spontaneous at birth; at that time, ego is formulated simultaneously with the form skandha. The rest of our
existence is built up by our countless ego-affirming acts involving all the skandhas, but most prominently
the skandha of feeling; its domain contains pleasant, unpleasant and neutral or indifferent types of feelings.
The body depends on the mind to be provided with pleasant occasions and protected from discomfort.
There must be thinking, i.e., perceptions, followed by action, and action means volition. They, in turn,
require established bases of knowledge, and that is the role of the consciousness skandha. Children are sent
to school to learn, to acquire knowledge that prepares them for the future. When there is sufficient knowledge,
there is action, invariably preceded by thinking as planning, imagining, remembering and so on. The body
then receives the support it needs. There is ego--grasping, and confusion is generated by the five skandhas as
the ego-notion imposes itself on the process of experience.
Once it has become clear beyond any doubt that this present body is not the self, that one can only say "mine",
or "my body", all delusion regarding the five skandhas is broken off, and ignorance along with it. What a pity
that worldlings get so deeply confused and completely fail to understand this brilliant doctrine; grasping
the skandhas and the ego-notion, they twist the data to fit their own picture as to how reality should be. Actually,
the body is not the self; it is like a house that I might call mine all right, but to consider it to be myself would be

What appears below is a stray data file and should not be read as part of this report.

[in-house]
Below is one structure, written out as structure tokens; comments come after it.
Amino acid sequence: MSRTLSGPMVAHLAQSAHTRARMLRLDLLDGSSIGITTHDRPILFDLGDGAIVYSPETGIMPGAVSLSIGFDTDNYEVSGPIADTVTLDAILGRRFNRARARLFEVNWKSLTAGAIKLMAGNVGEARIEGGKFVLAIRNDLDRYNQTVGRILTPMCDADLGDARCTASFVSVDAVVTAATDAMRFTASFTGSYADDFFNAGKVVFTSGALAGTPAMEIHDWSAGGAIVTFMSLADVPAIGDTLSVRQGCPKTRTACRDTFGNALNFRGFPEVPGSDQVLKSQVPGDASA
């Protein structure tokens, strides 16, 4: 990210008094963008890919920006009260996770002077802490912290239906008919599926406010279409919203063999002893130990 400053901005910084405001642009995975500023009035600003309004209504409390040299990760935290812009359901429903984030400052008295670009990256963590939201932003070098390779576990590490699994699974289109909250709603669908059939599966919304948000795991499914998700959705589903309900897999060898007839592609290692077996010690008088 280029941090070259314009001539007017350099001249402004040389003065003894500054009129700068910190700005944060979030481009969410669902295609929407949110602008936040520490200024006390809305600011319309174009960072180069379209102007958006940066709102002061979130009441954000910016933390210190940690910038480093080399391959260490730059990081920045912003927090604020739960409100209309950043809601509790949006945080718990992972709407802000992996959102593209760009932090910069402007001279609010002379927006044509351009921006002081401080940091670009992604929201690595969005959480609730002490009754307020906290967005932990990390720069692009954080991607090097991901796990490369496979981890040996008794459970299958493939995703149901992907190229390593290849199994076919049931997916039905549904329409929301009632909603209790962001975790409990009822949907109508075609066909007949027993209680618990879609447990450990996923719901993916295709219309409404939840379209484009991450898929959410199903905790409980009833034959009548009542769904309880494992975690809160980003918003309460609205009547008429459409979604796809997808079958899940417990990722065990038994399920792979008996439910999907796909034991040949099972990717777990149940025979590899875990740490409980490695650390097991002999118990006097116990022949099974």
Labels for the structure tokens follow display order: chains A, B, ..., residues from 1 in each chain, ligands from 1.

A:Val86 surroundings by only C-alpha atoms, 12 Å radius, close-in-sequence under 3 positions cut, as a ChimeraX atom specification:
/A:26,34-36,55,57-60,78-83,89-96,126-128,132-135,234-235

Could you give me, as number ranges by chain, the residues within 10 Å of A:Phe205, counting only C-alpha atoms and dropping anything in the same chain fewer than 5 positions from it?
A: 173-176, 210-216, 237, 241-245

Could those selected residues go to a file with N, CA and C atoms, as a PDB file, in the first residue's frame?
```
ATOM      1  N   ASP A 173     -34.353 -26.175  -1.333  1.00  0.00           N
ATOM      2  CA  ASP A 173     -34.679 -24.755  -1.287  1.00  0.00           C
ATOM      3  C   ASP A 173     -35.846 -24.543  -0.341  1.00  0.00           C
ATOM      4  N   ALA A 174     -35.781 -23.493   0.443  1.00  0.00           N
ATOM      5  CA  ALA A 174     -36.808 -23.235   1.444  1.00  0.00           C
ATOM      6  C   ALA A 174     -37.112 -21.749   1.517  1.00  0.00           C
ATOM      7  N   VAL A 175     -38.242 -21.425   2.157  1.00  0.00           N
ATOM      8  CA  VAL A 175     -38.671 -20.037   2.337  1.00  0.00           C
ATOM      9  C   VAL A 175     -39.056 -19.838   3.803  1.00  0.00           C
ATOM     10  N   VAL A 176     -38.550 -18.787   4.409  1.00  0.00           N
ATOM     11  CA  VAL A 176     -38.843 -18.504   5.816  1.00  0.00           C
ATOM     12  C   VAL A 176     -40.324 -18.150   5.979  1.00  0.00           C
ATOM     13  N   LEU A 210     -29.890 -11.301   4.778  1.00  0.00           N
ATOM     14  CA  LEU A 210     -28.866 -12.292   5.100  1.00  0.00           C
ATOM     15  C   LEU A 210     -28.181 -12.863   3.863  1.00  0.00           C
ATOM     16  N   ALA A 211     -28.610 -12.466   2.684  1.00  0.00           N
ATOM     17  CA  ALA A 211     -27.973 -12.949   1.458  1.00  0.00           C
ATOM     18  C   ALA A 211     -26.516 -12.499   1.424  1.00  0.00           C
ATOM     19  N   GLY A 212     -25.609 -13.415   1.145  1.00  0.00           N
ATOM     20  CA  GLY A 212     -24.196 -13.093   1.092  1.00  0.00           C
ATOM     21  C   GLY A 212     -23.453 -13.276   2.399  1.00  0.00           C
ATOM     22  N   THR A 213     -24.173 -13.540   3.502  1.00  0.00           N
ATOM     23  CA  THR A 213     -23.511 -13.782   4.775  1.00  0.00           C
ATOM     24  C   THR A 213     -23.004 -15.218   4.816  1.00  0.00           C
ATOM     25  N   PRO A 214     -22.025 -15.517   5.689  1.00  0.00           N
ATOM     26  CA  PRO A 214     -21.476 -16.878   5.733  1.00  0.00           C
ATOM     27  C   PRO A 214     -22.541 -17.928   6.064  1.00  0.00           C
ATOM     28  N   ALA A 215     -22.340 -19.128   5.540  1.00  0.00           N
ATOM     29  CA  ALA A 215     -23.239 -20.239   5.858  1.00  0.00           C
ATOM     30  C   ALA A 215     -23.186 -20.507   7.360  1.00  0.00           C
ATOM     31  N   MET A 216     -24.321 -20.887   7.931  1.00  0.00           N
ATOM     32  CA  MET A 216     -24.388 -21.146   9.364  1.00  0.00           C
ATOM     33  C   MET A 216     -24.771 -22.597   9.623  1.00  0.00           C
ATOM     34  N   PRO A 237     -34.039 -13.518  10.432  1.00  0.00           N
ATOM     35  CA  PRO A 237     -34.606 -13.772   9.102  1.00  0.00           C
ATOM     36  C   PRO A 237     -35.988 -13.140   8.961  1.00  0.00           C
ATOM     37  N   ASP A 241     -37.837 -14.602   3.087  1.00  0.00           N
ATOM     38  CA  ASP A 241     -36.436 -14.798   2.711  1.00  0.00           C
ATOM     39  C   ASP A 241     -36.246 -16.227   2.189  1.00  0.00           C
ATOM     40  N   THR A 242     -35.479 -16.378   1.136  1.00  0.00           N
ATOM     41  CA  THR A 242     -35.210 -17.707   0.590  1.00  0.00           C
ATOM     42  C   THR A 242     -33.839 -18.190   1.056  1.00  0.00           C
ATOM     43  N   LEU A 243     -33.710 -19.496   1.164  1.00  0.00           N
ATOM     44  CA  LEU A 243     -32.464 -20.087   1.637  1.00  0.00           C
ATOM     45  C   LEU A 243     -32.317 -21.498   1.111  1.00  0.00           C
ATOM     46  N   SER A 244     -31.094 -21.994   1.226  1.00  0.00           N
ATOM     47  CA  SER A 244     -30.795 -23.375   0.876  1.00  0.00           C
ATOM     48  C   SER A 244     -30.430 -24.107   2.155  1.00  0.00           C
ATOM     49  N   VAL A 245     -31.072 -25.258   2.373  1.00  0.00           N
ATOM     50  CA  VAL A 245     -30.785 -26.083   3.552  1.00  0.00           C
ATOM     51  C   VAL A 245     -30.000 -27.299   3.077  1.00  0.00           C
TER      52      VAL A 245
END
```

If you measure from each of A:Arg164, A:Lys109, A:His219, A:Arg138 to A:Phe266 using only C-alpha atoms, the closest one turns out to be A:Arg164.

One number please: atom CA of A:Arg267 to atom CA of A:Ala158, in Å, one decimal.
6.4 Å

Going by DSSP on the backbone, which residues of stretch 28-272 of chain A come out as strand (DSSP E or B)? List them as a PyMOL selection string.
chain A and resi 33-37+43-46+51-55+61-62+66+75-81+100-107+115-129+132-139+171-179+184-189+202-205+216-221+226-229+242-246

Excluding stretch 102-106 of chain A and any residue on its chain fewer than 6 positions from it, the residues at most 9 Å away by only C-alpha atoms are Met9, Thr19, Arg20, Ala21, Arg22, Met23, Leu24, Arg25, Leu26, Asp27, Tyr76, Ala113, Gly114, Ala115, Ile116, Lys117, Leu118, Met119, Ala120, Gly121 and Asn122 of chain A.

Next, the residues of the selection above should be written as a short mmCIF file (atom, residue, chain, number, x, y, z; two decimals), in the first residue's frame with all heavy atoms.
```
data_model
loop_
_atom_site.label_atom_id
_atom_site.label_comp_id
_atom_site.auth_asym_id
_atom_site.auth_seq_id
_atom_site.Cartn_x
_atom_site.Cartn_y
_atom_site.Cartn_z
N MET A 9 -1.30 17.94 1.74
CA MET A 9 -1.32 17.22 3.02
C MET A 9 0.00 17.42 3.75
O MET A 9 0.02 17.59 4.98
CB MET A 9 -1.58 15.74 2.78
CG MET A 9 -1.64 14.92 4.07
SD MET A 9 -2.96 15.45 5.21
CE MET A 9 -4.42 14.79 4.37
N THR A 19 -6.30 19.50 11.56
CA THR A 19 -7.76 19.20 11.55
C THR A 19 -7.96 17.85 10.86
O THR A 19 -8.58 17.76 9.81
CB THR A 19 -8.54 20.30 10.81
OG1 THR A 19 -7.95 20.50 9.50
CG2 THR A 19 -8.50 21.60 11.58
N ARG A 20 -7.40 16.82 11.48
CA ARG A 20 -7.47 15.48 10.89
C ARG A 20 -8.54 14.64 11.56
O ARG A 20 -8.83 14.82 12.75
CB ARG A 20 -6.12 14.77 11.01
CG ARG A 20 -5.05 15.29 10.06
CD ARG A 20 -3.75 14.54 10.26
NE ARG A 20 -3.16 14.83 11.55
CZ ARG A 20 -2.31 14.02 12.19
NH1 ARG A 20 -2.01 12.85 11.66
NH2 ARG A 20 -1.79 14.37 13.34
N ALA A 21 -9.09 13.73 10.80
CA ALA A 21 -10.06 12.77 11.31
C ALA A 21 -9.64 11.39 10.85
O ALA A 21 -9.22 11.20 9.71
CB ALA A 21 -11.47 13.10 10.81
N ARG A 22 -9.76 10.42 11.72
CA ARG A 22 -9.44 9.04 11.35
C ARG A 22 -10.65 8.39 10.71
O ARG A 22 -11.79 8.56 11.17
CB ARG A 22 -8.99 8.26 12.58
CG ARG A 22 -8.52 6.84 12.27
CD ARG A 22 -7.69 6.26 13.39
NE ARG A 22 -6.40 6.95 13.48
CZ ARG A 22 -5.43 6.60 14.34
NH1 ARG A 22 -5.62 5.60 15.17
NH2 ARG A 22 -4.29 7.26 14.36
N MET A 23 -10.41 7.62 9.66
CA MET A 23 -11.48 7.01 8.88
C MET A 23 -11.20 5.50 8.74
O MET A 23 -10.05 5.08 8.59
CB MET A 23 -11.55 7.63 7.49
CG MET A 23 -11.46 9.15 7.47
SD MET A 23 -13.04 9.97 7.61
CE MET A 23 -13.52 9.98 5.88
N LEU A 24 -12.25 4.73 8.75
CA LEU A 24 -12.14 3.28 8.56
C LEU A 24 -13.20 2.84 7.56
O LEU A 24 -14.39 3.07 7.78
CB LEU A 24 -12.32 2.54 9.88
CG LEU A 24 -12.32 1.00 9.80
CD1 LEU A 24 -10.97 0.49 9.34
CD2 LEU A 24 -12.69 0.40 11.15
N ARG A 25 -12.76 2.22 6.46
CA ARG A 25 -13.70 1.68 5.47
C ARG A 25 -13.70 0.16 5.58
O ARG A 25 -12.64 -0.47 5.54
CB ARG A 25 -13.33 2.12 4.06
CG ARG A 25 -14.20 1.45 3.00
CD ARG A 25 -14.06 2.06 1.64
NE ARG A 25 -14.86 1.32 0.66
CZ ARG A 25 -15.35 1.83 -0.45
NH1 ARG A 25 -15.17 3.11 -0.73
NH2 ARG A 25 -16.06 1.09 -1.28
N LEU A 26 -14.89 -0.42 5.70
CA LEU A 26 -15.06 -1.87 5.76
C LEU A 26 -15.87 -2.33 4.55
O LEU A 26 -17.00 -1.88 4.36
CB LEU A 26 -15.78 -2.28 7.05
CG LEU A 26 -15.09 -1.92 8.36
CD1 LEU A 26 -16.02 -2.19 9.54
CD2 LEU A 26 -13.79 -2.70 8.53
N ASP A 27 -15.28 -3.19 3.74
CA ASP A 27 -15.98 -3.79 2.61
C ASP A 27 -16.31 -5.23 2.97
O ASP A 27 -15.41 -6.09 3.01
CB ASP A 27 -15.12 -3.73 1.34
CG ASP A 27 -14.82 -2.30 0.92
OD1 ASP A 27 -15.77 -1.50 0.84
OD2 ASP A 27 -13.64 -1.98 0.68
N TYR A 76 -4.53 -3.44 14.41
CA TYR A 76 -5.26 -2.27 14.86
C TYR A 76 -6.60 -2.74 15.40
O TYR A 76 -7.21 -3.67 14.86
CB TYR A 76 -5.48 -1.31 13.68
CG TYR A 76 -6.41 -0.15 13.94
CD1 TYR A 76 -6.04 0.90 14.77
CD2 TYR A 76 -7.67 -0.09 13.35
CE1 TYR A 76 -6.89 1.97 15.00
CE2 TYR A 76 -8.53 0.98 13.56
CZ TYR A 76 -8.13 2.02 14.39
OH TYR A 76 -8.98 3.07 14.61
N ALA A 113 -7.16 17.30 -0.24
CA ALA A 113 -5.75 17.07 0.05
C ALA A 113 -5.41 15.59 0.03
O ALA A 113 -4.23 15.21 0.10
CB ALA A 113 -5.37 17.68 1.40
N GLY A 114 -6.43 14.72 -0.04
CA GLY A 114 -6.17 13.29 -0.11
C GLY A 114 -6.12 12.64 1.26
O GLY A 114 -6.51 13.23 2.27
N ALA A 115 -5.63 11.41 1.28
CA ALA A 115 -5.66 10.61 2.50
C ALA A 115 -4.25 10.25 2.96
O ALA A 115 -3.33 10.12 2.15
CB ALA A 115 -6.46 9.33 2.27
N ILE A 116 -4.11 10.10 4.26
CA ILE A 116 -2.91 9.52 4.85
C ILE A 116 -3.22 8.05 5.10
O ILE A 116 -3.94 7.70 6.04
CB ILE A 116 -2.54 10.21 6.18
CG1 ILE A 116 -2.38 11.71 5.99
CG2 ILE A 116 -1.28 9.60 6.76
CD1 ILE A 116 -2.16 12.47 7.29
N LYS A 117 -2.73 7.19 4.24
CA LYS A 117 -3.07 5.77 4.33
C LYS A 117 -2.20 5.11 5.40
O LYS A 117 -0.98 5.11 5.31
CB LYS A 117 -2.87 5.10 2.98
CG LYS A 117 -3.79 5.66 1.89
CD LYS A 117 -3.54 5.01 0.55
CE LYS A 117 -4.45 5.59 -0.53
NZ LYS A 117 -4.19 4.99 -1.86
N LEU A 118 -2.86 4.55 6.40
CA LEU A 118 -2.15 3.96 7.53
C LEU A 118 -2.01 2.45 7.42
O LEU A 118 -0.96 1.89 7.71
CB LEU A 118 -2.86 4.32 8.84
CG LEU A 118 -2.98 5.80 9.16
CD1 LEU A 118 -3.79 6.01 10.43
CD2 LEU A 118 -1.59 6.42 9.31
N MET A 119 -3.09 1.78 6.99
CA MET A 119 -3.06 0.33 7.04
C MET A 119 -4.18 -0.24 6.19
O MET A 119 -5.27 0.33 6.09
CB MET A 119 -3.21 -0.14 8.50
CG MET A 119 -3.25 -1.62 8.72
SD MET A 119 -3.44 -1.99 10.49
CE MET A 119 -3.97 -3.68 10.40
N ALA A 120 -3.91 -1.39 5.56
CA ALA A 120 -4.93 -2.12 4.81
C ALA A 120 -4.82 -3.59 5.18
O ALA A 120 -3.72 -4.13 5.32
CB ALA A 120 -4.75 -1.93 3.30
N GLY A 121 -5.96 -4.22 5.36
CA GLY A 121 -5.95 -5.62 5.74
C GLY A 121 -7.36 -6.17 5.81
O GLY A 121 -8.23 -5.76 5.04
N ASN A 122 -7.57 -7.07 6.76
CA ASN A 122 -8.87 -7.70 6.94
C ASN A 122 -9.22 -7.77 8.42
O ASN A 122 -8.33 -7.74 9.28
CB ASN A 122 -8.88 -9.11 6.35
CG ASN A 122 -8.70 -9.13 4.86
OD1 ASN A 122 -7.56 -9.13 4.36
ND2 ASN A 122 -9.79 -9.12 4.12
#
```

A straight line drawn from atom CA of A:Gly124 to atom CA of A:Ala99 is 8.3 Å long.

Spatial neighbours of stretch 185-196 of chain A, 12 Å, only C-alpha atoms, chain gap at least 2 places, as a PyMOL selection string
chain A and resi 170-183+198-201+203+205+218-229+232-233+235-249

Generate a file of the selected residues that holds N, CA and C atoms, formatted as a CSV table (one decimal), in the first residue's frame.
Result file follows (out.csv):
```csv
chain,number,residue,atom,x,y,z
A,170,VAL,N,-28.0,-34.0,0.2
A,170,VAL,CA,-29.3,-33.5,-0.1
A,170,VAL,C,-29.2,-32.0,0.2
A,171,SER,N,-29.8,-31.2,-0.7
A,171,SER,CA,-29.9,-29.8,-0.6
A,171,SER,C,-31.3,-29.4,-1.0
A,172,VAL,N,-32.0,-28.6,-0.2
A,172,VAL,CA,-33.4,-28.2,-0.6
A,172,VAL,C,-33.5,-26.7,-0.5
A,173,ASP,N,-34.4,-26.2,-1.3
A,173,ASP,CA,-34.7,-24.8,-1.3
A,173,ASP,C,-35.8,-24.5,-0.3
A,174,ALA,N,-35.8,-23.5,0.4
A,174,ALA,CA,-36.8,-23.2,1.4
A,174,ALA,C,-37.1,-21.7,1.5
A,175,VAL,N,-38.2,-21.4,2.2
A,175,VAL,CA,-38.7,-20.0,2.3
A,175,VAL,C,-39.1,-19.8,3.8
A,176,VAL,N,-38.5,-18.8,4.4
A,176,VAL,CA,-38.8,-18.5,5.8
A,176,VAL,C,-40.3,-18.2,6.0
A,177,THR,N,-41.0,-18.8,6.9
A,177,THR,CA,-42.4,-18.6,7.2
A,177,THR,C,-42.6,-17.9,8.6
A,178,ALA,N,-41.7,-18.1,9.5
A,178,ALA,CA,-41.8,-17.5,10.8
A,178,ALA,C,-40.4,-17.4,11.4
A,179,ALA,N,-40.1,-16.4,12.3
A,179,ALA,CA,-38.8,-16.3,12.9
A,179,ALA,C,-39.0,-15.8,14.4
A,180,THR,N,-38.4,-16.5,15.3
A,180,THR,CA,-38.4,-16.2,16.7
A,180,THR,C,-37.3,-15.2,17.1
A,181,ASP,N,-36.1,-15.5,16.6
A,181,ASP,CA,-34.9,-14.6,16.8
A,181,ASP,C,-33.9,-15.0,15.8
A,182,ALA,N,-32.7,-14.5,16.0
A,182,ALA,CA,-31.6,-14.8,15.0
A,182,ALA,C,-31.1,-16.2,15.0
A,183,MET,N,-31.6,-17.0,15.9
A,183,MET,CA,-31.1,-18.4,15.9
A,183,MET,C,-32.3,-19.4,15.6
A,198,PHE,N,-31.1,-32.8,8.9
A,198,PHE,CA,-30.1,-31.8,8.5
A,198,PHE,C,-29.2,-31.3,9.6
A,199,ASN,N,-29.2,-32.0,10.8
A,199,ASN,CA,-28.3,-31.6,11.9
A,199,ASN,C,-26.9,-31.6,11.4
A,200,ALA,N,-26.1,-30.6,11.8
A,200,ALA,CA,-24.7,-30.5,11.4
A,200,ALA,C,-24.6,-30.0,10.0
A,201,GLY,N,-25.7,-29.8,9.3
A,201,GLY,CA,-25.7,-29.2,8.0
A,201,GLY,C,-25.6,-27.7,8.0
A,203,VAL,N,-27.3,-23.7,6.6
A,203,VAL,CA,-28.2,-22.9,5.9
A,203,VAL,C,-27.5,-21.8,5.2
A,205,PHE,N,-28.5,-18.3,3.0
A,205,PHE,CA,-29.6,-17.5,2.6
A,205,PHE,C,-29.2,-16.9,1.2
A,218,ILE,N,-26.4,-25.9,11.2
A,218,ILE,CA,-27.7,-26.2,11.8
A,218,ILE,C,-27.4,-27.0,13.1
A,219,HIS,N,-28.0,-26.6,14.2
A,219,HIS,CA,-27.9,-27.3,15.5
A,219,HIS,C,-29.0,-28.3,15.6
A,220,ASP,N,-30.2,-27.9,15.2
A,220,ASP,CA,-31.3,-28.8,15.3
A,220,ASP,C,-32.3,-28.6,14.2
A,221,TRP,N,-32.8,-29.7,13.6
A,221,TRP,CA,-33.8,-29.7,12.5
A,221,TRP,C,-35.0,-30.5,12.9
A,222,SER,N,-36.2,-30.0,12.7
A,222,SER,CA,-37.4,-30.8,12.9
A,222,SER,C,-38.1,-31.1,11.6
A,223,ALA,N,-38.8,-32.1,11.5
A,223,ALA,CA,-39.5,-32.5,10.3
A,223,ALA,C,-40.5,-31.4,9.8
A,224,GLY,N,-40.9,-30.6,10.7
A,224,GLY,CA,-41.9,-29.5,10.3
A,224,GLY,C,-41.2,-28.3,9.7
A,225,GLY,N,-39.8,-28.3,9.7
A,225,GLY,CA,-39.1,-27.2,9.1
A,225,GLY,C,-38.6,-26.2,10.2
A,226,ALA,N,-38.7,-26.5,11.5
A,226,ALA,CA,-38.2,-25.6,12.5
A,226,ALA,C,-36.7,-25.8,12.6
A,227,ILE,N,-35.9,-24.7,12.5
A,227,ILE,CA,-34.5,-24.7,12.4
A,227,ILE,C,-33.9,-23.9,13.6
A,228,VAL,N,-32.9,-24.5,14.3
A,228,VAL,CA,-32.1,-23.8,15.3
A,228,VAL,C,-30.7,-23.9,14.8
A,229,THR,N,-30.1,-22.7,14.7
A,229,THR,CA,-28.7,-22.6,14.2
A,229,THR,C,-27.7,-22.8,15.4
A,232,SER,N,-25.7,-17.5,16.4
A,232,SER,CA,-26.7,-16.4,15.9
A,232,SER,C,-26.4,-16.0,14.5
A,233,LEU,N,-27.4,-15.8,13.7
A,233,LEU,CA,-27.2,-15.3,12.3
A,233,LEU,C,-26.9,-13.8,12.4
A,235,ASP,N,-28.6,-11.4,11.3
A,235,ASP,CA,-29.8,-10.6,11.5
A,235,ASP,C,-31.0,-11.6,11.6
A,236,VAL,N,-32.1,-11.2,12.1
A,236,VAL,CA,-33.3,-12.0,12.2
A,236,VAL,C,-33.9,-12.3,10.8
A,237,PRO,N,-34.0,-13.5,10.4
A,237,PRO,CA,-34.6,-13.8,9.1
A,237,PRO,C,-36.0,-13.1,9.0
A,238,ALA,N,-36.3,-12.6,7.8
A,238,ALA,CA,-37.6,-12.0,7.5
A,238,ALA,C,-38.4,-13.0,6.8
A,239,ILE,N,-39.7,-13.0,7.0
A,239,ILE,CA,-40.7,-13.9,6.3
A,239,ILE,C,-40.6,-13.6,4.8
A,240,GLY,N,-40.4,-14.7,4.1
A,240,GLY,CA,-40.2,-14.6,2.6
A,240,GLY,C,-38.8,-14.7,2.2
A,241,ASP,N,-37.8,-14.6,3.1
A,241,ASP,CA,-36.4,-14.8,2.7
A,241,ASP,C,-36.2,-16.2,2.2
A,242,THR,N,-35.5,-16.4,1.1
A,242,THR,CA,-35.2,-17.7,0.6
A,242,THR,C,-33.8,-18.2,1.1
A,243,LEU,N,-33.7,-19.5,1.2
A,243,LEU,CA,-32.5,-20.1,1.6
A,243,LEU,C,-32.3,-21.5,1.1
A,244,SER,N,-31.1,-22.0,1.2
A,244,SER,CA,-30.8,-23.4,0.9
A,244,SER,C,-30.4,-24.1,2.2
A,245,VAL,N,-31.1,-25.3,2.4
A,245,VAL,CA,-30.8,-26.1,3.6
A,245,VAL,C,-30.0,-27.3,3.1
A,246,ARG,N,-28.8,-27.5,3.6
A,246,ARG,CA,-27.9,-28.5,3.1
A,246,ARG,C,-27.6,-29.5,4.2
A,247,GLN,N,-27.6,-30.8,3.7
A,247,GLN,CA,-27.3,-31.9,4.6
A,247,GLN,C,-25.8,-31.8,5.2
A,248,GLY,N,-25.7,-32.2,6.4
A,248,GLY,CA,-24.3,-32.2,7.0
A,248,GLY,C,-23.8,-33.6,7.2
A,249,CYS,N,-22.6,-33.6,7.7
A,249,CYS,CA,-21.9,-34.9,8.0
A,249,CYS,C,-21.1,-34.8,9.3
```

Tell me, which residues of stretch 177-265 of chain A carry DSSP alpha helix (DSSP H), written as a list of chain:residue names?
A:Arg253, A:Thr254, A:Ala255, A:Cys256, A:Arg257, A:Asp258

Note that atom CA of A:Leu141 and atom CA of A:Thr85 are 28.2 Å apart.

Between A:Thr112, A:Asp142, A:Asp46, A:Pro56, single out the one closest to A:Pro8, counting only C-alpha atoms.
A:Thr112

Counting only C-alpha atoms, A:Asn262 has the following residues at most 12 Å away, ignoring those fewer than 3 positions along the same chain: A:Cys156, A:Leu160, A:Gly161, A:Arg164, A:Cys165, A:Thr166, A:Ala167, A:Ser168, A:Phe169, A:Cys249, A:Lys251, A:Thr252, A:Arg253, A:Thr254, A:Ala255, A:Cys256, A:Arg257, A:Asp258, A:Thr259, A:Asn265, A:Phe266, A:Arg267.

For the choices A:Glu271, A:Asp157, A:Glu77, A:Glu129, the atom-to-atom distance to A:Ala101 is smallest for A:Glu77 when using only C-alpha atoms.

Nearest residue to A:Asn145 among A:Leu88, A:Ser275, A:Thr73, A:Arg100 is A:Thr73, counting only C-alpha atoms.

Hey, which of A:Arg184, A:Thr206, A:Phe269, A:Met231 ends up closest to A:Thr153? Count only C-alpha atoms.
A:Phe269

a ridiculous error. In the same way, I can't say "this body is myself' but I can say "this body is mine."
What is the real self? Our Original Nature is our real self. It depends on the body temporarily; the body is not
different from a house. A house is completed and then gradually deteriorates; similarly, the body has birth and
death and the part in between. Our True Nature (real self), on the other hand, has neither birth nor death.
It is enduring and unchanging. The teaching of Real Self and of illusory ego is basic to all Buddhadharma.
When it is understood, clinging is easily broken off.
'On Compassion' from The Dalai Lama, from his book Stages of Meditation
What do we mean when we speak of a truly compassionate kindness? Compassion is essentially concern for
others' welfare -- their happiness and their suffering. Others wish to avoid misery as much as we do.
So a compassionate person feels concerned when others are miserable and develops a positive intention to free
them from it. As ordinary beings, our feeling of closeness to our friends and relatives is little more than
an expression of clinging desire. It needs to be tempered, not enhanced.
It is important not to confuse attachment and compassion....
A compassionate thought is motivated by a wish to help release beings from their misery.
Instructions for Spiritual Practice by Shakyamuni Buddha
from the Kalama Sutta (Anguttara Nikaya Vol. 1, 188-193 P.T.S. Ed.)
Do not believe in anything (simply) because you have heard it.
Do not believe in traditions because they have been handed down for many generations.
Do not believe in anything because it is spoken and rumored by many.
Do not believe in anything (simply) because it is found written in your religious books.
Do not believe in anything merely on the authority of your teachers and elders.
But after observation and analysis when you find that anything agrees with reason
and it is conductive to the good and benefit of one and all –
then accept it and live up to it.